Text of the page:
The consequence is what Darwin describes in his book, “On the Origin of Species”, as natural selection – a struggle for existence where the ‘weakest’ are eliminated and only the fit survive. The fittest are not necessarily the strongest or most intelligent of the species. Much like the pale, speckled peppered moth that turned black during the industrial revolution, the fittest are the species most adaptable to change.

This is equally true for businesses.

My definition of the fittest businesses isn’t the biggest organizations or the ones with the most leverage. Rather, they are best able to adapt to changing conditions – be they economic, technological, or even attitudinal changes. Smaller, nimble players that are able to marshal their collective intelligence have just as much, if not a better opportunity to thrive.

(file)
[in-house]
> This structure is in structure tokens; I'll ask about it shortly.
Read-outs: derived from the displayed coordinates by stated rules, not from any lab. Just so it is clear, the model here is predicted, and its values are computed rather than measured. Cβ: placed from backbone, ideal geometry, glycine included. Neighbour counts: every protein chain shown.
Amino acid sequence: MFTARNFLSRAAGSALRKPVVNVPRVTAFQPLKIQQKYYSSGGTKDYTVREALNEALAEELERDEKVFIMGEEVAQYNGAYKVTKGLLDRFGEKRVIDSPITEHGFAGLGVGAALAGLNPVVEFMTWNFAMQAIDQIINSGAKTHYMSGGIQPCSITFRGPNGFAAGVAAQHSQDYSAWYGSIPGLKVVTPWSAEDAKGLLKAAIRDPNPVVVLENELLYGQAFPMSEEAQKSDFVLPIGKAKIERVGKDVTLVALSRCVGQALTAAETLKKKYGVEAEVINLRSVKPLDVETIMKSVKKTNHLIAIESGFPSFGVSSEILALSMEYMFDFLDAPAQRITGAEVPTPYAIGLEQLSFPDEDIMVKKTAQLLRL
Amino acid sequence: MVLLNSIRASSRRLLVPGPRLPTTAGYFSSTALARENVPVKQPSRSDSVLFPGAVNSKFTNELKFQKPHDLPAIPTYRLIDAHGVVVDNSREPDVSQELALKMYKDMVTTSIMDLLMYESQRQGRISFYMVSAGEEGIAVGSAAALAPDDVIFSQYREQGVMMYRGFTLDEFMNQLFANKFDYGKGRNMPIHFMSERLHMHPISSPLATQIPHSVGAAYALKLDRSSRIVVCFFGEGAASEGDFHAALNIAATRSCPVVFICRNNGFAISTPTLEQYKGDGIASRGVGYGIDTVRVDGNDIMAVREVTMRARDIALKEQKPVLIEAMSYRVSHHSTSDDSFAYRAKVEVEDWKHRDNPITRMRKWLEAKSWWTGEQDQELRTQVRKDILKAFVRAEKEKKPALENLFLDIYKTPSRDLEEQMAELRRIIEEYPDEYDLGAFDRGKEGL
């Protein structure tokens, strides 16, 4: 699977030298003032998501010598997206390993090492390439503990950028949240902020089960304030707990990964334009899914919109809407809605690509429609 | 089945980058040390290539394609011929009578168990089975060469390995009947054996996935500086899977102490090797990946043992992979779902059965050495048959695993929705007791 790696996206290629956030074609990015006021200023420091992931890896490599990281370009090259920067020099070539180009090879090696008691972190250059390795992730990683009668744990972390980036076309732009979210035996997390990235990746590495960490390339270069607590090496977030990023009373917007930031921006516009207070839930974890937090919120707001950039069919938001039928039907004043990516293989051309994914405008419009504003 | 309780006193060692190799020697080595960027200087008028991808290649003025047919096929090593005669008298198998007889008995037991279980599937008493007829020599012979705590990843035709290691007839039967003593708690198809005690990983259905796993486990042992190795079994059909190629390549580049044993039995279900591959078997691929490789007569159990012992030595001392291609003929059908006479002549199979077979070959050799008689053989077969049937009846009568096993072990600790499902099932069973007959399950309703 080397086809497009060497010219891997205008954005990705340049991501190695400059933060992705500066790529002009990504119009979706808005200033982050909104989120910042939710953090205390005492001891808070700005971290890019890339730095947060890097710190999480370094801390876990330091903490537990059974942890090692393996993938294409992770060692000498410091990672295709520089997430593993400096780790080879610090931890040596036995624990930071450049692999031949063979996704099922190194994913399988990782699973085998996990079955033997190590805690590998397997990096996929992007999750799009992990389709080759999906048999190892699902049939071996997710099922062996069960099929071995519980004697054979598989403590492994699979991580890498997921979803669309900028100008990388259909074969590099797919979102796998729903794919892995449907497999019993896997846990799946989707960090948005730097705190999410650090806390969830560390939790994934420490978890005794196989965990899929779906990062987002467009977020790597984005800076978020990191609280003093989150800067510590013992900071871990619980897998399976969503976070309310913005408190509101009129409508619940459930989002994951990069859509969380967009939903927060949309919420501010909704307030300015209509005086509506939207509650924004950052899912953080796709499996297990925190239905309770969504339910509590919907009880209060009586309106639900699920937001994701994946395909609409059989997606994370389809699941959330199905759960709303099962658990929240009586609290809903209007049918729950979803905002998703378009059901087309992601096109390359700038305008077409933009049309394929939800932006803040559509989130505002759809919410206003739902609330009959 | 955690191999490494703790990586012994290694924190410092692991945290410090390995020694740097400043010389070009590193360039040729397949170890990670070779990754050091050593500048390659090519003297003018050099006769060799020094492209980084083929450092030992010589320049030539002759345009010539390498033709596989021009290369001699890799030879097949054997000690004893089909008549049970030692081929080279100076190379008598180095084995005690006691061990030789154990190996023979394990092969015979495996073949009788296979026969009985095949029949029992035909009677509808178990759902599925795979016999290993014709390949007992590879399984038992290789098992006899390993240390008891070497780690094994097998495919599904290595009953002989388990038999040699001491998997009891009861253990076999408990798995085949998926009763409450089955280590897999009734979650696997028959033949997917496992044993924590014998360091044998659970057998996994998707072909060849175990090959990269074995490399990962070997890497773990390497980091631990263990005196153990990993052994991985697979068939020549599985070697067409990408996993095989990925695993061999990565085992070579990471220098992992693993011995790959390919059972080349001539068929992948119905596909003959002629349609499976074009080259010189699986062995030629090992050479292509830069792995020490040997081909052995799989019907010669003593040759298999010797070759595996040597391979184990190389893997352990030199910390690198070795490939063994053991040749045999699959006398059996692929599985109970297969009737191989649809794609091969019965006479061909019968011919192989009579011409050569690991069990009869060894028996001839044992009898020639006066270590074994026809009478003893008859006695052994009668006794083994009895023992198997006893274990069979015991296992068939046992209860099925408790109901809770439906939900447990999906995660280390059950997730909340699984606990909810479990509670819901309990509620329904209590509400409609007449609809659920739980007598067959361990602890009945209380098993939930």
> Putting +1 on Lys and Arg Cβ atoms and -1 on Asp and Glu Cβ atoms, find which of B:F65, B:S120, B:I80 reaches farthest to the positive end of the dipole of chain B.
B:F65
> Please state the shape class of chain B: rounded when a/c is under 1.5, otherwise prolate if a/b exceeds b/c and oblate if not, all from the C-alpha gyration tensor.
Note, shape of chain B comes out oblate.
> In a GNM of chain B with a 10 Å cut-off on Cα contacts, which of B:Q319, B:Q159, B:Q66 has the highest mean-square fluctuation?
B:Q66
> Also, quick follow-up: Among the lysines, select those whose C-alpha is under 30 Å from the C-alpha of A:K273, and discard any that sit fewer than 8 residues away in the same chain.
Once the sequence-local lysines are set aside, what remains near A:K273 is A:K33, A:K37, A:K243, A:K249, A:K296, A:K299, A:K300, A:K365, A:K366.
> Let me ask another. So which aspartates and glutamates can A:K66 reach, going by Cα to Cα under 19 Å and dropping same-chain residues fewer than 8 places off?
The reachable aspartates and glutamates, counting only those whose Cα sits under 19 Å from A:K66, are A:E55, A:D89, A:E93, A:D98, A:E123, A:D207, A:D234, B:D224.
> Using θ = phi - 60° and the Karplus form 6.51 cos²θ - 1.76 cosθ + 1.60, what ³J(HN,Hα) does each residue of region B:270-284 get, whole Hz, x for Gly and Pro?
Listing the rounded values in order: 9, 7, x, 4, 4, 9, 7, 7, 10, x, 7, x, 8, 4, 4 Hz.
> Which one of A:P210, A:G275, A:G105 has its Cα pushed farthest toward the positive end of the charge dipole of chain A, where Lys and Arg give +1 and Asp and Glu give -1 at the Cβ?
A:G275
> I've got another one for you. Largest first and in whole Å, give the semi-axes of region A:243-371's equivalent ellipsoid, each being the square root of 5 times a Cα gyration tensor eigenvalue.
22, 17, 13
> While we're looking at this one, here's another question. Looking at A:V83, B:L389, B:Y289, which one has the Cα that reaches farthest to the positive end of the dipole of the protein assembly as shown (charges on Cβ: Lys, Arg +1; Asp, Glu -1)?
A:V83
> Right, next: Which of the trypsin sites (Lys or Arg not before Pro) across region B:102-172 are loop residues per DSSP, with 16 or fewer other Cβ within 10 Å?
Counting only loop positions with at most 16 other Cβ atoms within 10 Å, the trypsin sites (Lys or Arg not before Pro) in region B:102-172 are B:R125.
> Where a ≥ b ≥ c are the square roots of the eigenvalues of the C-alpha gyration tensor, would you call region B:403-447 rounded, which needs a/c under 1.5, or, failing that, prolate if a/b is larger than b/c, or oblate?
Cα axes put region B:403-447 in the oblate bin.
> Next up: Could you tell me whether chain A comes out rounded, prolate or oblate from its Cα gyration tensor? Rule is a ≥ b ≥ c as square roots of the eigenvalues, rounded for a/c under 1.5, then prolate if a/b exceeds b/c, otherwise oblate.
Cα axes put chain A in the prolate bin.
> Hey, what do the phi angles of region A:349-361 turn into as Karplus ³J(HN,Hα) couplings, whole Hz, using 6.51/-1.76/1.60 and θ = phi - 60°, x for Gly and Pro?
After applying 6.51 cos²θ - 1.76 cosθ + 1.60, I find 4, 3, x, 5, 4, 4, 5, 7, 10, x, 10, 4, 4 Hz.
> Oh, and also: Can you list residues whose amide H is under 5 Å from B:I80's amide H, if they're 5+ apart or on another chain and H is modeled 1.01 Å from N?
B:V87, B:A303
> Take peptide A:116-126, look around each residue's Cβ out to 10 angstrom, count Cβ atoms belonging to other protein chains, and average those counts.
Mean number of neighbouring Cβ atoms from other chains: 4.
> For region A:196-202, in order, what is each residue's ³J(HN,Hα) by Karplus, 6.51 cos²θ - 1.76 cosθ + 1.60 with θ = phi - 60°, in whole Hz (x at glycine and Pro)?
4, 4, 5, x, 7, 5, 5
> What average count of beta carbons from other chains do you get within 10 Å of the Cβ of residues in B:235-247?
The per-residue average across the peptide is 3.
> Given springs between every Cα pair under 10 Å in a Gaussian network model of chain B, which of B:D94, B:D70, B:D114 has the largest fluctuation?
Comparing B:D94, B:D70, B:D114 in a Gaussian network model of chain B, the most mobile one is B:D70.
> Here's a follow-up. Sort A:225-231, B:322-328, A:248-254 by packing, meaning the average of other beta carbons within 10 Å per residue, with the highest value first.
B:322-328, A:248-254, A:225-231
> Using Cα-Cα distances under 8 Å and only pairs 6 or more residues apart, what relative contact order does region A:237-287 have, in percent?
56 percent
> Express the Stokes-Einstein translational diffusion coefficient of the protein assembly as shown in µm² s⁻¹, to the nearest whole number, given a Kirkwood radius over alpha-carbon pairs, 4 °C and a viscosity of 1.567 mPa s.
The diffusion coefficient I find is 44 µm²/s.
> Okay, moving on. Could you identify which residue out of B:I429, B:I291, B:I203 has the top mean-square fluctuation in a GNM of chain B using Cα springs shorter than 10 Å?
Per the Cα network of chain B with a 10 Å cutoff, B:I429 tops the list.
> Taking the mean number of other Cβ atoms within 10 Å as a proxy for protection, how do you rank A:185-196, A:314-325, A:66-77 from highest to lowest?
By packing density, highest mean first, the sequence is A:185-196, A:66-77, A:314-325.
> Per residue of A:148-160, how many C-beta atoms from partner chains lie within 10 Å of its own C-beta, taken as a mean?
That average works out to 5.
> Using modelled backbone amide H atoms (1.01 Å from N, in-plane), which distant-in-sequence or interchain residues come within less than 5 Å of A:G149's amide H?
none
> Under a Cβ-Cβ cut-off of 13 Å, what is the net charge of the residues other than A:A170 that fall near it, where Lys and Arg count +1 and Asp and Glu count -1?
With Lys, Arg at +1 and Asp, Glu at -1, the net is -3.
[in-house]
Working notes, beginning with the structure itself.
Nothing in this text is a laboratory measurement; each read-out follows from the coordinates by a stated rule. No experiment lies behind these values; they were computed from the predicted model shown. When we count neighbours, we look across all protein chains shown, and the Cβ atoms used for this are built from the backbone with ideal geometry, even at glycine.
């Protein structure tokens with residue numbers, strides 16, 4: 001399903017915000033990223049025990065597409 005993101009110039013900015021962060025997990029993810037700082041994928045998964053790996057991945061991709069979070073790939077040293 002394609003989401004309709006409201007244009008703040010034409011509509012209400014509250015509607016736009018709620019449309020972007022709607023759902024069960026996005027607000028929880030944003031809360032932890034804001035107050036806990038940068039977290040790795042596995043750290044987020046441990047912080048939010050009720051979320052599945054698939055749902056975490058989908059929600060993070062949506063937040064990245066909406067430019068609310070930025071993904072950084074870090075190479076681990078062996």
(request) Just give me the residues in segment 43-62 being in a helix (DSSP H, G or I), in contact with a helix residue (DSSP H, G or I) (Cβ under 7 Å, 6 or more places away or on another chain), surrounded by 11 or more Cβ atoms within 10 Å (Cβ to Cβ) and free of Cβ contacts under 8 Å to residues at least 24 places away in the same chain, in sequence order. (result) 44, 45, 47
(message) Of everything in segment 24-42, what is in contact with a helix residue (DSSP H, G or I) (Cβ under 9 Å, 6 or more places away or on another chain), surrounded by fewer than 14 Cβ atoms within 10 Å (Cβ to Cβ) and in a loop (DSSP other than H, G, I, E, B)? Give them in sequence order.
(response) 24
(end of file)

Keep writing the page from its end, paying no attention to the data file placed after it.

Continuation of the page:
Independent retailers like Godiva Chocolates cannot hope to compete head-to-head with a giant like Cadbury. But by examining what they do well, opening a direct channel of communication with customers to understand changing attitudes and behaviours, and specialising in a particular area, they can carve a niche for themselves and continue to co-exist alongside Goliath.

Darwin sums it up nicely saying, “In the long history of humankind (and animal kind, too) those who learned to collaborate and improvise most effectively have prevailed.”

Nature and Nurture

There are two elements that conspire and affect a species’ ability to adapt – nature and nurture. Nature endows us with inborn abilities and traits while nurture takes these genetic tendencies and moulds them as we learn and mature. Put simply, nature is the company’s DNA – its established work culture, human capital and IT infrastructure. Nurture is the equivalent of the external forces it has to deal with or pressures the company faces – those applied by competitors, economic or regulatory changes, and even major IT innovations.